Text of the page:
Employers observe a day in the life of a Guardsman

1st Lt. Jacob Farmer, Spc. Kenneth Bird, and Spc. Thomas Ferreira from Det 1 Headquarters and Headquarters Company 1-149th Infantry Battalion, out of Williamsburg, KY, demonstrated how to fire a mortar round for Kentucky employers during the 2018 “Boss Lift” at Camp Atterbury, Indiana. June 8, 2018. (U.S. Army National Guard photo by Spc. John Stephens)

By Spc. John Stephens, 133rd Mobile Public Affairs Detachment

Edinburgh, In. – Employers from around the Commonwealth arrived at Camp Atterbury near Edinburgh, Indiana on UH-60 Blackhawks to take part in the Employee Support of Guard and Reserve (ESGR) Boss Lift, June 8, 2018.

To see all the photos of this event, please click HERE.

The Kentucky ESGR program provides the opportunity for civilian employers to interact with Kentucky National Guardsmen during their annual training.

“We appreciate that you share your employees with us,” said ESGR State Chair, Phil Miller. “The main takeaway is these people are Citizen-Soldiers. This small amount of training needs to get these Guardsmen on the same level as their active duty counterparts. That’s why this is so important.”

This year, the 63rd Theater Aviation Brigade transported 27 civilian employers to observe Soldier’s squad level training phase. Maj. Jason Penn, executive officer for the 1st Battalion, 149th Infantry, acted as the Officer in Charge and tour guide for the event.

“The Boss Lift is a way for employers and their Soldiers to come together,” said Penn. “The National Guard cannot have stability without the support of the employers. The skills the Soldiers learn on the military side can aid and benefit their civilian career.”

Many of the employers spoke of how mature Kentucky National Guardsmen were when compared to similar aged civilian employees. The employee’s selfless service and leadership are key factors in the success of many of these Kentucky businesses. Doug Kimbler is Superintendent of Treatment Plants at Bowling Green Municipal Utilities (BGMU). He acknowledged that his office is a better place because of the Kentucky Guardsman he employs.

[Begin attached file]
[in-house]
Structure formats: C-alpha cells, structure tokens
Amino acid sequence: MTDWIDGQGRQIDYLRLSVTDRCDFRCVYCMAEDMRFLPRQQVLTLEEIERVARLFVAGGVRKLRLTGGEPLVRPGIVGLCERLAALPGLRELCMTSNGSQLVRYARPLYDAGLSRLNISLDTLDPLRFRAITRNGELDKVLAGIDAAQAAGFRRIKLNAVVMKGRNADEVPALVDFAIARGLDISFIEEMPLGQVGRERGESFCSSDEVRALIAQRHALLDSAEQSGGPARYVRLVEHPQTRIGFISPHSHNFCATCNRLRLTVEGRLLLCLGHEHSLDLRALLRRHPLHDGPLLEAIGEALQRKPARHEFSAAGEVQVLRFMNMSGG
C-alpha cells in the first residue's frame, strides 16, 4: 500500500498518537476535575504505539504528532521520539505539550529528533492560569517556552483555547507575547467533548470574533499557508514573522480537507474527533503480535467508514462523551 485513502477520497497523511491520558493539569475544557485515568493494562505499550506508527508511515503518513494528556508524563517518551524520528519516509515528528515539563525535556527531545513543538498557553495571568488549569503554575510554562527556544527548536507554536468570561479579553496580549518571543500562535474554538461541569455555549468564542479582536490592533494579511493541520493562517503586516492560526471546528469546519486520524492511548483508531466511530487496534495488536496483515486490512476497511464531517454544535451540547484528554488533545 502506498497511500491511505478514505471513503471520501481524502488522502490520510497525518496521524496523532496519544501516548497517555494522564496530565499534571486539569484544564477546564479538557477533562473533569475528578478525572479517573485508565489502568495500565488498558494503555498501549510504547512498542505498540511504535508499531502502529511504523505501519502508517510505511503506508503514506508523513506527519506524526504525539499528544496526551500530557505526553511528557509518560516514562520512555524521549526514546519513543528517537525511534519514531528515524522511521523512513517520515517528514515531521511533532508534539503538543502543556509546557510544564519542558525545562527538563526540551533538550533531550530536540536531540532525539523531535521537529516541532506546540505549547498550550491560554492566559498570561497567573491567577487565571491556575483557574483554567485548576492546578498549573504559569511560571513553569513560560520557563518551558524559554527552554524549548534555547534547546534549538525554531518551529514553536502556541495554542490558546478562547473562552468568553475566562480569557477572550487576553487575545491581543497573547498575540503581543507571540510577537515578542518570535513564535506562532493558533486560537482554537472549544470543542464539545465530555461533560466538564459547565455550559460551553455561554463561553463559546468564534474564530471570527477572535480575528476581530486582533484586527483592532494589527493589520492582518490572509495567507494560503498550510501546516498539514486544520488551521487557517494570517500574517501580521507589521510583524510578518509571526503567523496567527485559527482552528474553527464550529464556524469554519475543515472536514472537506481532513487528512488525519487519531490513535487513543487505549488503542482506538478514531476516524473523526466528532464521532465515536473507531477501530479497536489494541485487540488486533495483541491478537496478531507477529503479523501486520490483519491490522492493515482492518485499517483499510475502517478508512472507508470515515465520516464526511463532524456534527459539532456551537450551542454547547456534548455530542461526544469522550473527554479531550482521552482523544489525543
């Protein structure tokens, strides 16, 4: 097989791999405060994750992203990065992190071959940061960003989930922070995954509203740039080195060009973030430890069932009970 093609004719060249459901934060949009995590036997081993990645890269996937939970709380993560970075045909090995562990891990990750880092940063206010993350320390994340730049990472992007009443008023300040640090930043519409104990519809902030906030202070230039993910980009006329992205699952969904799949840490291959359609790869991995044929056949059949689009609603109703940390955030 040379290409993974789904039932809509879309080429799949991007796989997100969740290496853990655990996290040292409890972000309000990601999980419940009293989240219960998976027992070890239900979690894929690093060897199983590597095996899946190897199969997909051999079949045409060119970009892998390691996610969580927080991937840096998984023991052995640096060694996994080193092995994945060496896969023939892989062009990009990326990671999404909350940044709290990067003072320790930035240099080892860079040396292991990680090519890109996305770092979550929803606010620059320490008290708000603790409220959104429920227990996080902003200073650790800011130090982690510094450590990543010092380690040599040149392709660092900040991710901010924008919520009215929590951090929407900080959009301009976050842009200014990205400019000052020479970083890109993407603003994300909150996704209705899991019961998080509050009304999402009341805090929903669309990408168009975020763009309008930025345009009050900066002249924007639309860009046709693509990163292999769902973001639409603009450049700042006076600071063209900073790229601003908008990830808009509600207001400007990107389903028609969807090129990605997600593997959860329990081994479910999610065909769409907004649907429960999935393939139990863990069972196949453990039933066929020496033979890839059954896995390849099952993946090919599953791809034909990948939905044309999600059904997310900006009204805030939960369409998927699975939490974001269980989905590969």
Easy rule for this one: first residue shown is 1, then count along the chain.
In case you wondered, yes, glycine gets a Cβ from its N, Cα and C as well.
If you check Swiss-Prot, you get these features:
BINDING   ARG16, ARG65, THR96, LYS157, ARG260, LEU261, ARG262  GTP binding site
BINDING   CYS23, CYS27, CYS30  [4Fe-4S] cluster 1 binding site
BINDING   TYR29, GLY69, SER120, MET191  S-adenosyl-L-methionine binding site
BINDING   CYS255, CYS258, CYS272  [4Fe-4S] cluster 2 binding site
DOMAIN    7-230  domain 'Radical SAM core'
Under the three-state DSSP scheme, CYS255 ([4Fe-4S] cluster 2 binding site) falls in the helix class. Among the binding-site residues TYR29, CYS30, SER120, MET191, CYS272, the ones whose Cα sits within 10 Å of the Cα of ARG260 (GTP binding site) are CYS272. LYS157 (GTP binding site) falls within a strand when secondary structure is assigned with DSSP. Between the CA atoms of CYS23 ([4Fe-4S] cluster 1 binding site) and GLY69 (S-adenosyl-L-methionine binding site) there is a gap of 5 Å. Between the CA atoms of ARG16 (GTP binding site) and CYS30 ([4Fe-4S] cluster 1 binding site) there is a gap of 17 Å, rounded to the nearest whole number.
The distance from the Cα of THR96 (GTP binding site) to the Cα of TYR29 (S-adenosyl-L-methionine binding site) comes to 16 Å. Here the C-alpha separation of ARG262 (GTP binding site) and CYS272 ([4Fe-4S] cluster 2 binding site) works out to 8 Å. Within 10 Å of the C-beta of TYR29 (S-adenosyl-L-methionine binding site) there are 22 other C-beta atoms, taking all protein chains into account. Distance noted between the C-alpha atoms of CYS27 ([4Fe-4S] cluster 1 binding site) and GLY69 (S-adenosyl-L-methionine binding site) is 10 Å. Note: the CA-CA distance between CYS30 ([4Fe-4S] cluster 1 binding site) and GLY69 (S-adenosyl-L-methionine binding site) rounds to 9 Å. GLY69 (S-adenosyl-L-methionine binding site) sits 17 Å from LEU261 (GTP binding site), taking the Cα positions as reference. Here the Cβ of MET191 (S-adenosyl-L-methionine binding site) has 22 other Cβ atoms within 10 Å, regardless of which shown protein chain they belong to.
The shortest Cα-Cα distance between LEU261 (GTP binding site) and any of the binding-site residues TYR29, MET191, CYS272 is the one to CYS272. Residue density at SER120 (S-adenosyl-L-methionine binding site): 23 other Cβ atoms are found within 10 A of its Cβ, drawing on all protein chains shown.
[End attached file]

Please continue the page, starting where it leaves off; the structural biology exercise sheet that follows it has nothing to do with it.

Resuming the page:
“It amazes me how his leadership skills continue to grow with the aid of the Kentucky National Guard,” said Kimbler. “He continues to be a great leader.”

This is in keeping with BGMU’s mission of “improving customers’ quality of life” and is demonstrated by the organization’s service to the community. Kimbler was nominated by Command Sgt. Maj. Benzie Timberlake, the 1-149th Chief Information Security Officer. Timberlake was excited to have his 20 year-long employer there to demonstrate his gratitude for being flexible throughout his National Guard career.

“I wouldn’t be able to be successful in the National Guard without the unwavering support of my employer,” said Timberlake.

After watching several on-hand examples of how detailed and quick tasks must be performed, Boss Lift participants were given the opportunity to interact with the Soldiers and enter a HUMVEE with a crow’s nest.

Each year, ESGR looks at the yearly training being conducted by National Guard and Reserve component units and the State Chairman coordinates with the leadership to see which one would best benefit from an ESGR Boss Lift. Once a unit has been selected the service members are given the opportunity to invite their employers to participate in a day of observing all types of training conducted by them (the employee) during Annual Training.

“I think this year’s Boss Lift was a great success, said ESGR Volunteer Support Tech,” Tim Stinnett. “The employers always take away a different perspective of our service member’s abilities. They see a whole other set of skills they possess that can be used in the civilian workforce every day.”

Employers from across the Commonwealth participated in an Employer Support to the Guard and Reserve “Boss lift” day at Camp Atterbury, Ind. June 8, 2018. (U.S. Army National Guard photo by Spc. John Stephens)